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Adaptive and Supportive Learning with ST Math

Have you ever wondered if ST Math adapts to the learning needs of students?

By adapt, I mean is ST Math designed to provide students the opportunities they need to develop and grow as they engage in the learning process? Is the curriculum in ST Math designed to provide students with content and experiences that will help students build learning schemas, or understandings of concepts? Does the content provide an opportunity to meet them where they are and scaffold the instruction they receive to help them develop deep understanding?

ST Math meets students needs at the point of learning through informative feedback and rich visual models. ST Math does not adapt in the sense that it changes as the students play, based on some algorithm that provides them with a lower level problem, when they were not able to solve the first one.

Instead it uses neuroscience principles of learning to engage the student in the brain’s natural process of adapting and learning. As students play ST Math puzzles, the rich, visual models and the informative feedback allow students to “see” the math, learn from their mistakes, and adjust their thinking. 


Perception-Action Cycle

When playing ST Math, students learn to adapt at the point of learning. This happens because the type of adapting I am talking about is natural, authentic, and done through the learning process by the student. It is not reliant on computer algorithms, but instead leverages what naturally occurs in our brains known as the perception-action cycle.

Essentially, our brain makes sense of the puzzles in the games by creating and testing hypotheses about the way the puzzles work. When presented with a puzzle, our brain makes predictions based on past experiences and knowledge. We then take action based on our hypothesis. Our brain perceives the results of our action through the immediate, informative feedback and uses the learning from the feedback to adjust our hypothesis. 

ST Math uses visual, spatial-temporal models and immediate, informative feedback to engage students in the perception-action cycle. Through the feedback, students not only learn what was wrong, but they learn how to adapt their strategy, ideas, and understanding to build new learning. Students develop their math skills as well as important life skills (e.g., perseverance, accountability, problem solving, and agency).

ST Math Provides More Equitable Access to Students

Using visual models to develop math concepts provides students with access in a way that words alone do not. Take for example a problem like 3 ⅓ - 2 ²⁄₆ . For many students who do not have a solid understanding of fractions, they may see a problem like this and not know where to begin. Potential barriers might include lack of understanding around mixed numbers, unlike denominators, and/or subtraction of fractions.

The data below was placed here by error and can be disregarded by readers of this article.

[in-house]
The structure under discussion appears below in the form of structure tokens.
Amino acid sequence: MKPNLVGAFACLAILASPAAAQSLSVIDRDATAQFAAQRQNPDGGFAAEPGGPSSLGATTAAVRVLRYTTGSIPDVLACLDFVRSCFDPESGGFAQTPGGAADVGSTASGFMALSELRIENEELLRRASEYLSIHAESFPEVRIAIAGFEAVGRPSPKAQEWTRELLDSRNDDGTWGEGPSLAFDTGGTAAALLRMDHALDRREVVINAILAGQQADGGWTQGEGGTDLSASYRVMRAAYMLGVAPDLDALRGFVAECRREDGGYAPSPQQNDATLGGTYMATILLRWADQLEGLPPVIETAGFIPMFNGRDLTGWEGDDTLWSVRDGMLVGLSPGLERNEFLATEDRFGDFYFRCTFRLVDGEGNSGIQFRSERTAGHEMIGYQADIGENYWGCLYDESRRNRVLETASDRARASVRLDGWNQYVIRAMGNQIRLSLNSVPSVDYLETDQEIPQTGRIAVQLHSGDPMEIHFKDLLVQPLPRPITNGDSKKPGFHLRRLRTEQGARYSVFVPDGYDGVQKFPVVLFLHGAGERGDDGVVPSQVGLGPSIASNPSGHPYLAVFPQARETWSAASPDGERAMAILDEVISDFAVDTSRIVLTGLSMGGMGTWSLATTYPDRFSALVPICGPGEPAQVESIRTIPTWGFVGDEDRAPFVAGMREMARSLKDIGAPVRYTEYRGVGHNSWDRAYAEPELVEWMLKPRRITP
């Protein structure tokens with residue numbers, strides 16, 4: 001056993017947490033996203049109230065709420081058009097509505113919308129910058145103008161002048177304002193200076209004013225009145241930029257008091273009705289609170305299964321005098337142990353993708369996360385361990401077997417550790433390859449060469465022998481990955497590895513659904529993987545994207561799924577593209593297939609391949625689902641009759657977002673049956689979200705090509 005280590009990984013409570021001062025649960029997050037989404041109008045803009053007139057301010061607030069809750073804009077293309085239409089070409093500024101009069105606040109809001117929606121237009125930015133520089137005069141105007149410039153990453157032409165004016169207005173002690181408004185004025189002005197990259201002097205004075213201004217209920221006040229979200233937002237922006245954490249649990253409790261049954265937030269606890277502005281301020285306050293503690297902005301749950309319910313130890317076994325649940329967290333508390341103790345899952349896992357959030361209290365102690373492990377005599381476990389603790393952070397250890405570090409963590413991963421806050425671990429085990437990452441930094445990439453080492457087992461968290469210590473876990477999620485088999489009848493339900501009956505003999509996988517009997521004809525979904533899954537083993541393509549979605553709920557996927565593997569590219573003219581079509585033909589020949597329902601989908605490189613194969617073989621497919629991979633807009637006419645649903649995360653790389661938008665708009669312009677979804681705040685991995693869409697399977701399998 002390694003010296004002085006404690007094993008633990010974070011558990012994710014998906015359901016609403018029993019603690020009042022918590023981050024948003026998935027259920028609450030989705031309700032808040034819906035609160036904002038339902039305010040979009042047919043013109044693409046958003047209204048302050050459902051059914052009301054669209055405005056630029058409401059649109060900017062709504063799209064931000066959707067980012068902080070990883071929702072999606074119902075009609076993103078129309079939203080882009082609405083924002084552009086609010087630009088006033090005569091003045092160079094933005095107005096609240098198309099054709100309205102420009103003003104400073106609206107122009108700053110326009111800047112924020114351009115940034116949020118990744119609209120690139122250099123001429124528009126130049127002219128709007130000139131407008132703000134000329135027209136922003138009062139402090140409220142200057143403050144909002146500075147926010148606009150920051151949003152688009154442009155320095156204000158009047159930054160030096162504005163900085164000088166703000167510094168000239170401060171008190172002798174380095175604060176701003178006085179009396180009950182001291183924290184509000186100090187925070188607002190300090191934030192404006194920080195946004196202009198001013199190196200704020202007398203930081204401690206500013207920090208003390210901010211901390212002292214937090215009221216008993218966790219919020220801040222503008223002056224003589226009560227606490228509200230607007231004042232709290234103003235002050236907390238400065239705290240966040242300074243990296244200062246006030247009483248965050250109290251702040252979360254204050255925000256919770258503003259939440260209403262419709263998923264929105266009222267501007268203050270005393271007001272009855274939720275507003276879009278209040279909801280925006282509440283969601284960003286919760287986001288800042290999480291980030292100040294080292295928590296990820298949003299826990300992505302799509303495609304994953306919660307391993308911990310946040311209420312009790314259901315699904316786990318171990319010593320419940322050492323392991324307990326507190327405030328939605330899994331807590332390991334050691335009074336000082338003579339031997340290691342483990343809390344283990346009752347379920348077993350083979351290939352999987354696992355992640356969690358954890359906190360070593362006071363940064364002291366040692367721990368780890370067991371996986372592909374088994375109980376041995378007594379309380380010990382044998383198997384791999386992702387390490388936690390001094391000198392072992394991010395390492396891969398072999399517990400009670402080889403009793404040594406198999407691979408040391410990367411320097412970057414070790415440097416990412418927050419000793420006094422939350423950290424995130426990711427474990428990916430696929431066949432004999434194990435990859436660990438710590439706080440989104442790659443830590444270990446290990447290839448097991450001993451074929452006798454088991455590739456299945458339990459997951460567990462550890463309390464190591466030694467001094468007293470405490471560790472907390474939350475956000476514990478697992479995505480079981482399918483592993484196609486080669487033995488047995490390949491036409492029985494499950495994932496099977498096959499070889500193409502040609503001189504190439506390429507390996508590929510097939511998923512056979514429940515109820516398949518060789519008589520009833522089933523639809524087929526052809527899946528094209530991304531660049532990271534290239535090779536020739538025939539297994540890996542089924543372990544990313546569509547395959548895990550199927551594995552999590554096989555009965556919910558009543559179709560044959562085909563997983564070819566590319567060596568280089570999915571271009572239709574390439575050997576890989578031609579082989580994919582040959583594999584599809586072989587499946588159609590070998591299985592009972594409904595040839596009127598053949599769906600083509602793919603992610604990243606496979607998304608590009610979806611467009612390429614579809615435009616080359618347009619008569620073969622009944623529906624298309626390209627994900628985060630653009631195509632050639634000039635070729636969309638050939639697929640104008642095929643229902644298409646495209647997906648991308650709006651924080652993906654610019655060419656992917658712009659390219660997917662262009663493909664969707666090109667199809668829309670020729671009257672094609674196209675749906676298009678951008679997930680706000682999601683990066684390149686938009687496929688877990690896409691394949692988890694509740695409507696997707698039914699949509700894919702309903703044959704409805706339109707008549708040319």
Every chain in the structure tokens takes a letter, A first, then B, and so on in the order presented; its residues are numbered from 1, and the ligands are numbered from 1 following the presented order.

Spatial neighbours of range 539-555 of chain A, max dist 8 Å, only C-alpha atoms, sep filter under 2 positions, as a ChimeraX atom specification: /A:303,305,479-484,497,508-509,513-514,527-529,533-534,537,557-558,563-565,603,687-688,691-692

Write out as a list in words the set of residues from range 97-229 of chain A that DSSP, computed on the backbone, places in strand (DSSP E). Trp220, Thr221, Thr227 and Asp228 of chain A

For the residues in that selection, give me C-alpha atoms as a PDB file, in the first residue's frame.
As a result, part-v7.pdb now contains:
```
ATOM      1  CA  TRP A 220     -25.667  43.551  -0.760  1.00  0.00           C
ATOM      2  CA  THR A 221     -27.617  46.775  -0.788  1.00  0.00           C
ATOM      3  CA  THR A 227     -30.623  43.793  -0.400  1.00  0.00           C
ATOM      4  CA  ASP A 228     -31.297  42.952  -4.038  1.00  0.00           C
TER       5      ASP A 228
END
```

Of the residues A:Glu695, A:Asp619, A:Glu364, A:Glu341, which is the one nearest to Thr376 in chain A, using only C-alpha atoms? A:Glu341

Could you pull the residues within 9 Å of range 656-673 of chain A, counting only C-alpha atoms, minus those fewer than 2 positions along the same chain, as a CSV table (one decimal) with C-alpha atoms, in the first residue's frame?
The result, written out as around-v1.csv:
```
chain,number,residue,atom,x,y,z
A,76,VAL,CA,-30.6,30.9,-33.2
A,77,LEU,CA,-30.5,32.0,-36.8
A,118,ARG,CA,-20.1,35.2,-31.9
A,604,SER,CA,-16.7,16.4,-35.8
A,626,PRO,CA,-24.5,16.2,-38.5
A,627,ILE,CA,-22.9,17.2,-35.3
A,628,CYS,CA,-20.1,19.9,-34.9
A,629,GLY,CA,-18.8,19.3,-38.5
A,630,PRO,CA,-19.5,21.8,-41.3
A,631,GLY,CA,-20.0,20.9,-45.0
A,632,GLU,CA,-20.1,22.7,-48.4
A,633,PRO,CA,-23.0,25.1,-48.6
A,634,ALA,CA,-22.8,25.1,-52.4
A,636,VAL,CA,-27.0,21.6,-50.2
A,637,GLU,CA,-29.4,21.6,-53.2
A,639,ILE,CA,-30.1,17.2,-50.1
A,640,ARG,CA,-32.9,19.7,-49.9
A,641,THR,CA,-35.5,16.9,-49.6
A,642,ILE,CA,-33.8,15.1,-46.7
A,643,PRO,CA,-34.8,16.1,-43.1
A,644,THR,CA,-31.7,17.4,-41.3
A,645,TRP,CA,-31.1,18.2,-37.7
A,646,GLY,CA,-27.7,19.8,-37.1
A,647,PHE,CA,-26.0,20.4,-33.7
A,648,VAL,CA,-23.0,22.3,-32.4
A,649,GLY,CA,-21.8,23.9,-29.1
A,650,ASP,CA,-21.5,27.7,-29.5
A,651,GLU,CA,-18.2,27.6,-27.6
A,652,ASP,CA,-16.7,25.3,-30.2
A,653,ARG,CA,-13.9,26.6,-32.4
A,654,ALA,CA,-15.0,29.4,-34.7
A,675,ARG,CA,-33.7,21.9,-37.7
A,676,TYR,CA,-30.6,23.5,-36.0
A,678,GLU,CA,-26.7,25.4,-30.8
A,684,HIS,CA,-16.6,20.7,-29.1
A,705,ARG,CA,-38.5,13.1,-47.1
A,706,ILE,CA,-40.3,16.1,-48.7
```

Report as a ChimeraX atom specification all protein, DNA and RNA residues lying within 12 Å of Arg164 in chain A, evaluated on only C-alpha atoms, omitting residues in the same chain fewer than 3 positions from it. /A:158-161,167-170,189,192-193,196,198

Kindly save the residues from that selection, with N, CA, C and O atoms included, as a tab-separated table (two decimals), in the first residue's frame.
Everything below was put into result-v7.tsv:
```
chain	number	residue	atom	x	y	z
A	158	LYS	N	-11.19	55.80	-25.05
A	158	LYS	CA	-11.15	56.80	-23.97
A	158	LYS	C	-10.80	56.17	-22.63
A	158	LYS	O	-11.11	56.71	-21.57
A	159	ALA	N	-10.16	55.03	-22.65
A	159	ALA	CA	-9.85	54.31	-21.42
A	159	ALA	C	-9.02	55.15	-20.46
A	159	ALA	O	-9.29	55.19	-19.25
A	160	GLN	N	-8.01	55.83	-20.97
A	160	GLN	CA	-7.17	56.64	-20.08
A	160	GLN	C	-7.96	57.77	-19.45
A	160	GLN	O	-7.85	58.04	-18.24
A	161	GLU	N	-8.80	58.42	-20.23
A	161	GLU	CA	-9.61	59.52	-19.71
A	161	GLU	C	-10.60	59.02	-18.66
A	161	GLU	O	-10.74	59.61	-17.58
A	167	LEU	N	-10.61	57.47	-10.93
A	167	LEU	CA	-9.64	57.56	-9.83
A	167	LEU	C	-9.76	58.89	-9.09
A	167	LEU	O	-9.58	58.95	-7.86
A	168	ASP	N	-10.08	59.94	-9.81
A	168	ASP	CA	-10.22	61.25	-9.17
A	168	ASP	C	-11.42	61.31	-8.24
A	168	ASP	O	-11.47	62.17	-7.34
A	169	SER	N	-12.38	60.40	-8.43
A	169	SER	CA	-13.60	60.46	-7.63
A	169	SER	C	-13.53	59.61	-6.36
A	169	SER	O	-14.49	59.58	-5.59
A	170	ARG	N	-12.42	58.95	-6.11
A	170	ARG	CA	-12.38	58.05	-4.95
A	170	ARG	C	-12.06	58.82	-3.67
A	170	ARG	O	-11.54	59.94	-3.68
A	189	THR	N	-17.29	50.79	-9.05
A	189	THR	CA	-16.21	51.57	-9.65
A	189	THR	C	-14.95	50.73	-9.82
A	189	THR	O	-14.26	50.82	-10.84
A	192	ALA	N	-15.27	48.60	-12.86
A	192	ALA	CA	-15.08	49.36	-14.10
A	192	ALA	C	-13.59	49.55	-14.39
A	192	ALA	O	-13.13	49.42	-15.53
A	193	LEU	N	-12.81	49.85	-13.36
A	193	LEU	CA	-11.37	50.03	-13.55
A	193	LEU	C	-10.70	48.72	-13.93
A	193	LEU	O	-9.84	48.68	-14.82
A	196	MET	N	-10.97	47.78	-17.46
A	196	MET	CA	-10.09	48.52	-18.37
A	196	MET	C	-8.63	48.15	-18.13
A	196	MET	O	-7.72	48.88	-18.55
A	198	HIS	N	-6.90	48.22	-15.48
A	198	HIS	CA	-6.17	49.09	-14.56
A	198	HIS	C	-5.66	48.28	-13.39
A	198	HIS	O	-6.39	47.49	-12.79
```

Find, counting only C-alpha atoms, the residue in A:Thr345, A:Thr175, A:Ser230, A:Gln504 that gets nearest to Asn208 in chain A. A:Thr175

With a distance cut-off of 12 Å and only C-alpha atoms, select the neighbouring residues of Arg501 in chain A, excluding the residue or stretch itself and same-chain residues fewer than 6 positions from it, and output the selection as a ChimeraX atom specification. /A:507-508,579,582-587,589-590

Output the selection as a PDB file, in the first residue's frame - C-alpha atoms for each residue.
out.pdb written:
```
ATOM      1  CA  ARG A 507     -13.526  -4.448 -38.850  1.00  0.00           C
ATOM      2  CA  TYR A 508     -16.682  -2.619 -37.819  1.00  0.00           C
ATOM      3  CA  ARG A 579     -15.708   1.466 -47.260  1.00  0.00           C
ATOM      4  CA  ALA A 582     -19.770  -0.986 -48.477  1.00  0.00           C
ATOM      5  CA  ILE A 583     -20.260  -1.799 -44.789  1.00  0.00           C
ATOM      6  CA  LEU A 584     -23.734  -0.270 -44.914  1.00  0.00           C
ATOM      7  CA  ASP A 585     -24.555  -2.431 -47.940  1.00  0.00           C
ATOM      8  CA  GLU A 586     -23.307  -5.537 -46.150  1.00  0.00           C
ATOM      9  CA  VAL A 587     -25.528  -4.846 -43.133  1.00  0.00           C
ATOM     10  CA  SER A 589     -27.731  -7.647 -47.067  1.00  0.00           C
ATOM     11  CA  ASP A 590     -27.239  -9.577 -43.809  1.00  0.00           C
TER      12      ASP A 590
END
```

What if you could provide not only access but equity by maintaining the rigor of a task like this for your students? 

Suppose some students in a fifth-grade class are still struggling with understanding unit fractions, others are struggling with fraction equivalence, still others are struggling with understanding fractions and their value as numbers, but your curriculum has you teaching adding and subtracting fractions with unlike denominators.

This is where ST Math visual models are so powerful because they can provide students an entry point into the grade-level puzzle.


The ST Math game Scale Fractions is a great example of using a visual model to solve the problem given above: 3 ⅓ - 2 ²⁄₆. The students who did not know where to begin with this algorithm now have an opportunity, through the visual model, to access the mathematics. 

This image from the game Scale Fractions shows several math topics that are potential entry points for struggling students.

For example, a student may use their understanding of equivalent fractions (which may be a lower grade level skill) to gain access to the grade-level problem presented in the puzzle. As students play, they work through the perception-action cycle building on their understanding of fractions, processing the feedback, and adjusting their thinking. Students are actively developing  their understanding of the grade-level content and connecting mathematical ideas.

Students playing grade-level material see the objectives their classmates see, however they will move through the puzzles at their own pace. In this model, students will get the opportunity to develop conceptual understanding, practice, and apply their learning by working through as many puzzles as needed to achieve 100% mastery of the content.

Instead of the program adapting the content, students are adapting in regard to the approach they take to solve the puzzle, strategies they use, and the way they are thinking about the concept. When students play ST Math they are getting more than a math program, they are learning that they are capable of taking on challenging grade-level problems, thinking them through, and achieving success. 

Play Scale Fractions

You can now play sample puzzles from the new ST Math on our Play page. This includes Scale Fractions, mentioned above. For the best experience, the latest Google Chrome is recommended for ST Math games. Try Scale Fractions for yourself!


This sample puzzle above is not currently optimized for phones.
For best results, open on a computer or tablet.

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Byrd, Christine. What the Perception-Action Cycle Tells Us About How the Brain Learns. [Blog Post] Retrieved from

Twana Young

About the Author

Twana is Director of Product, Instructional Development, at MIND Research Institute. Follow her on Twitter @TwanaYoung.


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